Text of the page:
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Fooling us again?


In the past 10 years Marine Atlantic has been fooling us with its choice of ferries. And thus its service. They first fooled us with the Max Mols. The high-speed catamaran ferry was used on the gulf run in the summer of 2000. It was a dandy time saver with its 2.5 hour crossing. You could leave here 9 a.m., get the 3 p.m. boat and be well on the mainland by dusk.

In the past 10 years Marine Atlantic has been fooling us with its choice of ferries. And thus its service.

They first fooled us with the Max Mols. The high-speed catamaran ferry was used on the gulf run in the summer of 2000. It was a dandy time saver with its 2.5 hour crossing. You could leave here 9 a.m., get the 3 p.m. boat and be well on the mainland by dusk.

However, its high speed meant for a rough ride for all too many people, thus it was unkindly named the "Vomit Comet". As well, its use was restricted to smaller vehicles. On top of those shortfalls it was a fuel guzzler. But the Max's buffet proved that Marine Atlantic could serve good food at a decent price.

They fooled us again in 2001 by purchasing the second hand stubby ferry, the Leif Ericson that lacked sleepers for night crossings. They were fitted in afterwards in an awkward location. The Ericson's "one way only" access to and from vehicle decks means congestion, especially on exit. The Ericson's booze bar surrounded by some general seating is not a good mix. The best the Ericson has to offer is an attractive eating area.

In 2009 they fooled us one more tine with the lease of the Atlantic Vision. Unquestionably, it's the most beautiful ferry ever on the gulf. But it wasn't designed for here. High winds have kept it out of Port aux Basques all the while the Smallwood and the Caribou were able to come and go.

As well, the Vision has no sleepers. Its washrooms and seating areas are in short supply. The Vision's lack of seating means there is a big mixture of bar patrons and the general public. Changes presently under way are supposed to alleviate the shortage of seating and washrooms. And like the Ericson's, "one way only" access to the vehicles, there is congestion at exit times.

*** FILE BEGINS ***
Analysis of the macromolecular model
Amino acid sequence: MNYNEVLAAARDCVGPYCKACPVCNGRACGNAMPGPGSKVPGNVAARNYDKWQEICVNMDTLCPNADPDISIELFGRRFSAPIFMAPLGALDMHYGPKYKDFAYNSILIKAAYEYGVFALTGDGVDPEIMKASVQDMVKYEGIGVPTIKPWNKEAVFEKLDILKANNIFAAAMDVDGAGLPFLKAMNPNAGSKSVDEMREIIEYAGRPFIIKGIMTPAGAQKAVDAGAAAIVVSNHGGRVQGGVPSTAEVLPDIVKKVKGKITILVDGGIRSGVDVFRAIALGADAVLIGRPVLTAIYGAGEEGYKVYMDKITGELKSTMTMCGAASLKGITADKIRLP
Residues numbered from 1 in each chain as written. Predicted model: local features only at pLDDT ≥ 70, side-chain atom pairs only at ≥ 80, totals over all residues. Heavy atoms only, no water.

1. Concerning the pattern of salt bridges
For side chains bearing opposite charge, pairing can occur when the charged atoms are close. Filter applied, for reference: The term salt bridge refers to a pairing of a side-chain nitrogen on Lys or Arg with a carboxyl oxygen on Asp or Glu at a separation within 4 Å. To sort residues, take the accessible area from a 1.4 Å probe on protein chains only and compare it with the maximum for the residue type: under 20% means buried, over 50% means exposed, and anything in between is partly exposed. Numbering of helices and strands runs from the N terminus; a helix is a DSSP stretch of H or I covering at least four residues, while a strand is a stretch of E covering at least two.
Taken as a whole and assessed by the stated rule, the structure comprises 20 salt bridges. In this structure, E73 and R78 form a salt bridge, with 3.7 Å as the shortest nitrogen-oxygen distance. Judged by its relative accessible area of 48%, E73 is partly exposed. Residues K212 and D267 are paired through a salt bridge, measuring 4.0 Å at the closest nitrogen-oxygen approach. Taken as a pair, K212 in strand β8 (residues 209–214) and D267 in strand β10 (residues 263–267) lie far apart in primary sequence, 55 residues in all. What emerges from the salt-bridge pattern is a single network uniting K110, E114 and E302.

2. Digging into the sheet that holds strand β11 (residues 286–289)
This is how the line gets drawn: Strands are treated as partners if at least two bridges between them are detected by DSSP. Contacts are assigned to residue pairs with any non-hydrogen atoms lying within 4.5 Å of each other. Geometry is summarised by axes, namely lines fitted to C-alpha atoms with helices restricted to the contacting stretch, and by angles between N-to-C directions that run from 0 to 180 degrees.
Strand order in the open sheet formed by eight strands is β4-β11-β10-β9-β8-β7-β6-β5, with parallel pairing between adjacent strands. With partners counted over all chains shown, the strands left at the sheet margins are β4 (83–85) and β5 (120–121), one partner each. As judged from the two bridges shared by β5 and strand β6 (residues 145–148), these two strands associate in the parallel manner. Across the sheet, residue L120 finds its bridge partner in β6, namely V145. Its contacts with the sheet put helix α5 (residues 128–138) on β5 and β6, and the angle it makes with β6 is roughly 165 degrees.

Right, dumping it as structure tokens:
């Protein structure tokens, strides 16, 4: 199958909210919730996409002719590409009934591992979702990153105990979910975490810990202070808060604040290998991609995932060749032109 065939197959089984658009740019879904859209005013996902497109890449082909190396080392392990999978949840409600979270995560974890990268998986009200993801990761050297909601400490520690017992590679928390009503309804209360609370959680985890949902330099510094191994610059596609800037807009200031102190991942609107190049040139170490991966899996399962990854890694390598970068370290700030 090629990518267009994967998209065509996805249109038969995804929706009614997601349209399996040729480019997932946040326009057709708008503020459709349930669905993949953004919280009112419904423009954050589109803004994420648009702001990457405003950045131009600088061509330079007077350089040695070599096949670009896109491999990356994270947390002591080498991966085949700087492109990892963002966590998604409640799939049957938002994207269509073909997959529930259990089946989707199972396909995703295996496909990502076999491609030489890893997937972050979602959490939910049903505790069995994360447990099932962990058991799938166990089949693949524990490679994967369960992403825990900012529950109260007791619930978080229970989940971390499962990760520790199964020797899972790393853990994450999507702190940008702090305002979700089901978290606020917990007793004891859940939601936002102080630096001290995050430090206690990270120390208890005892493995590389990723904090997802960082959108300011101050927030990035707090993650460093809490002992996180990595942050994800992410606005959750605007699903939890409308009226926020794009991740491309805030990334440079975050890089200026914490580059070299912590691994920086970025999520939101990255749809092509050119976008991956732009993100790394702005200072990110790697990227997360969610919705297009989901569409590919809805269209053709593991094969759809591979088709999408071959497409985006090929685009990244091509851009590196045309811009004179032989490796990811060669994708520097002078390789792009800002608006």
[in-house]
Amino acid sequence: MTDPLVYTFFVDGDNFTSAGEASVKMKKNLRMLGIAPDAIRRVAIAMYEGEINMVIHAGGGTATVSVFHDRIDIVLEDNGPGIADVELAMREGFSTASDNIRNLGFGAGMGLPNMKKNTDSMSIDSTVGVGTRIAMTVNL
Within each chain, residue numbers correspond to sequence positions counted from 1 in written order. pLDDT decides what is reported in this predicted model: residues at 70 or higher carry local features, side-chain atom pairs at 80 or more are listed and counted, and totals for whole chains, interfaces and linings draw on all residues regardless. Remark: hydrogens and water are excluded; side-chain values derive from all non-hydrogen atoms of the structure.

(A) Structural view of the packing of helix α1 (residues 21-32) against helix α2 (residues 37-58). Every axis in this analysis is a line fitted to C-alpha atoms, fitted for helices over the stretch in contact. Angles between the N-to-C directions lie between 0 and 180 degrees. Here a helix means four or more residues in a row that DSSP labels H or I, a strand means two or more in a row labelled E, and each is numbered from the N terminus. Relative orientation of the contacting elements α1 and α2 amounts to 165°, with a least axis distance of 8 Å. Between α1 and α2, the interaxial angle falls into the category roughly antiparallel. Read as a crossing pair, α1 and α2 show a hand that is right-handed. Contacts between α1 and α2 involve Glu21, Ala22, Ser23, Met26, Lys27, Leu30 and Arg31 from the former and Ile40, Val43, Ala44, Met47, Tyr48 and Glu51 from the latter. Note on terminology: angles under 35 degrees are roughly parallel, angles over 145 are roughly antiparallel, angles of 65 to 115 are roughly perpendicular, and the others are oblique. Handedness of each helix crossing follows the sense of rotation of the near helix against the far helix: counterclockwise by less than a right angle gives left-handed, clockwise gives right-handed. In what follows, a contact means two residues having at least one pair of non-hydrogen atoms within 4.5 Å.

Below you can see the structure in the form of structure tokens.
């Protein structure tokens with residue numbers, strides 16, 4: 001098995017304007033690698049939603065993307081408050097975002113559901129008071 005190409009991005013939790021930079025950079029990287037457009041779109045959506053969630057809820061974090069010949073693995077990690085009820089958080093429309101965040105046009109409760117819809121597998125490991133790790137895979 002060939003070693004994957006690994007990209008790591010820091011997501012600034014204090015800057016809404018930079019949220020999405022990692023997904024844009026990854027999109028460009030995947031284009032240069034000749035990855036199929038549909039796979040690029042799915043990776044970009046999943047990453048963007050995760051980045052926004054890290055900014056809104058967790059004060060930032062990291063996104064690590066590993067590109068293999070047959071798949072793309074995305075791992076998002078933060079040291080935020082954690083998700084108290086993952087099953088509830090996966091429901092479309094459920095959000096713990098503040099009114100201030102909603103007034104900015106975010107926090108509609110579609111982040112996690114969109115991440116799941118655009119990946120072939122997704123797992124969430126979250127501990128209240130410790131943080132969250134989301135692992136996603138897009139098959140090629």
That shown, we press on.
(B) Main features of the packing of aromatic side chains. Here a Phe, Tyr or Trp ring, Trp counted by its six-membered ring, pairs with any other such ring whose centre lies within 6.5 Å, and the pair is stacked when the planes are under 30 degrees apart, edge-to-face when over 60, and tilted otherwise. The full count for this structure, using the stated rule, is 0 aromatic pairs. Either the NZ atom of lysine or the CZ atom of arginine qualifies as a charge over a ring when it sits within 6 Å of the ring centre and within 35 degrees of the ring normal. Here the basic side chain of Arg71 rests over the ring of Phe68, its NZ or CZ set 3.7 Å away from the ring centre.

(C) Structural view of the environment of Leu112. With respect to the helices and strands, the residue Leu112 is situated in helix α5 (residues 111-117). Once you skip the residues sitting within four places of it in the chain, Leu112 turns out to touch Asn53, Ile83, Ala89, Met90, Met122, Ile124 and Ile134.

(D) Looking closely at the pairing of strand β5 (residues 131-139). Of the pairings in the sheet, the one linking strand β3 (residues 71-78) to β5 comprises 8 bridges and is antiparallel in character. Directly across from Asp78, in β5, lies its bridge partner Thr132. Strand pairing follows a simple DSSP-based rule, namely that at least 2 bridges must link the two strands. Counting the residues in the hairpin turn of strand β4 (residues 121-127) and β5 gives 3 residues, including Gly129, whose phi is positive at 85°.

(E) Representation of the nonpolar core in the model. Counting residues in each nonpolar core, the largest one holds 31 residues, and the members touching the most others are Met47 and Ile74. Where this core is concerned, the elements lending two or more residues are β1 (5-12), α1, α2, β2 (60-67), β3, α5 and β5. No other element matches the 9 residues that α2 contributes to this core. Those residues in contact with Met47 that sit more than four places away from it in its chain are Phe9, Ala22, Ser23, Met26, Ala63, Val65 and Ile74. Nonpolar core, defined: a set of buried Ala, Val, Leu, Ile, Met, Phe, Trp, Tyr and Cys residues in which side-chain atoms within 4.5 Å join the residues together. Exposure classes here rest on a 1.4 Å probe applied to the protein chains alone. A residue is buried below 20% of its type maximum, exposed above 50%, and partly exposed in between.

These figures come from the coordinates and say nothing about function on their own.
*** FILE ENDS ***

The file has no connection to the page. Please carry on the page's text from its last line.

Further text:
Should we now expect Marine Atlantic's two ferries it is leasing beginning in 2011 to be the real deal? Or are they fooling us again? The leases are not on the cheap. According to a Swedish newspaper (Ekonomi), it's a billion dollar deal over five years.

The MV Trader and the MV Traveller look like larger versions of offshore supply vessels, top heavy up front and open back areas. Presumably, some of that open space will disappear once the 40 feet or so is lopped off each ship so that they can be used here.

How will these ships hold up in the often stormy Cabot Strait? Were models of these ships tested at the Marine Institute's flume tank?

A big failure for Marine Atlantic in the past 10 years has been their lack of competence in finding ferries to match their star ships, the MV Caribou and MV Joseph and Clara Smallwood.

Both ferries have bunks and cabins, ample seating, huge tv areas, lots of windows and a separate bar area. Their cafeterias can easily double as seating areas. Congestion on these ferries is less of a problem because both have six accesses to the vehicle decks. The Smallwood outshines the Caribou with its large passenger lounge in the forward bow. If both of these ferries had the beauty and fuel efficiency of the Vision, plus better food service, we would be laughing all the way across the gulf.

But sadly Marine Atlantic is wont to make us cry. Cry for better customer service. Cry for better facilities. Cry for better ferries. Cry for better food. Cry for better fares.

The structure of the Caribou and the Smallwood allows passengers to walk all around the outside of the ship and stand at the bow and have that marvelous experience, seeing into the horizon. But the forthcoming Stena ferries seem to lack that outside access just like the other European boats (Max Mols, Ericson, Vision). It's a side view or looking backwards from their sterns.

And looking backwards seems to be the real problem at Marine Atlantic. It's doesn't seem to know where it is going. It has struck out three times with its choice of ferries. And in the eyes of small trucking firms and independent truckers it has struck out with its new commercial vehicle reservation system.

How do you fix Marine Atlantic?

For starters, move the headquarters to Port aux Basques from St. John's. Marine Atlantic needs hands-on, hard-nosed, management who can see the docks from the office window. Be there when things get off kilter. As well, they need to check out the best ferry systems in the world and mimic their successful ways here.

The Argentia run is a side show that takes away the focus of doing a better job at Port aux Basques. It should be dropped. And never mind the squeals from the Avalon. Port aux Basques being the closest ice free port to the mainland is the best sight for the ferry service. It just needs a heavy investment to make the whole of the port more accommodating for the ferries.

The gulf run is already costly. But the present 19.7 per cent fuel surcharge is driving up the price of goods and making travel prices, prohibitive. Will the new leases be factored into the fares and make the crossings even more expensive?

A top notched ferry service is just not to be desired. It's an absolute necessity in our economy for the movement of goods and the choice of travel for hundreds of thousands of travellers.

Finally, Marine Atlantic (the federal government) is to be commended for its sense of self-degrading humour. The Atlantic Vision comes ever so close to amply describing the ferry service the past 10 years.

No vision.

Andy Barker can be contacted at abdp9@hotmail.com.

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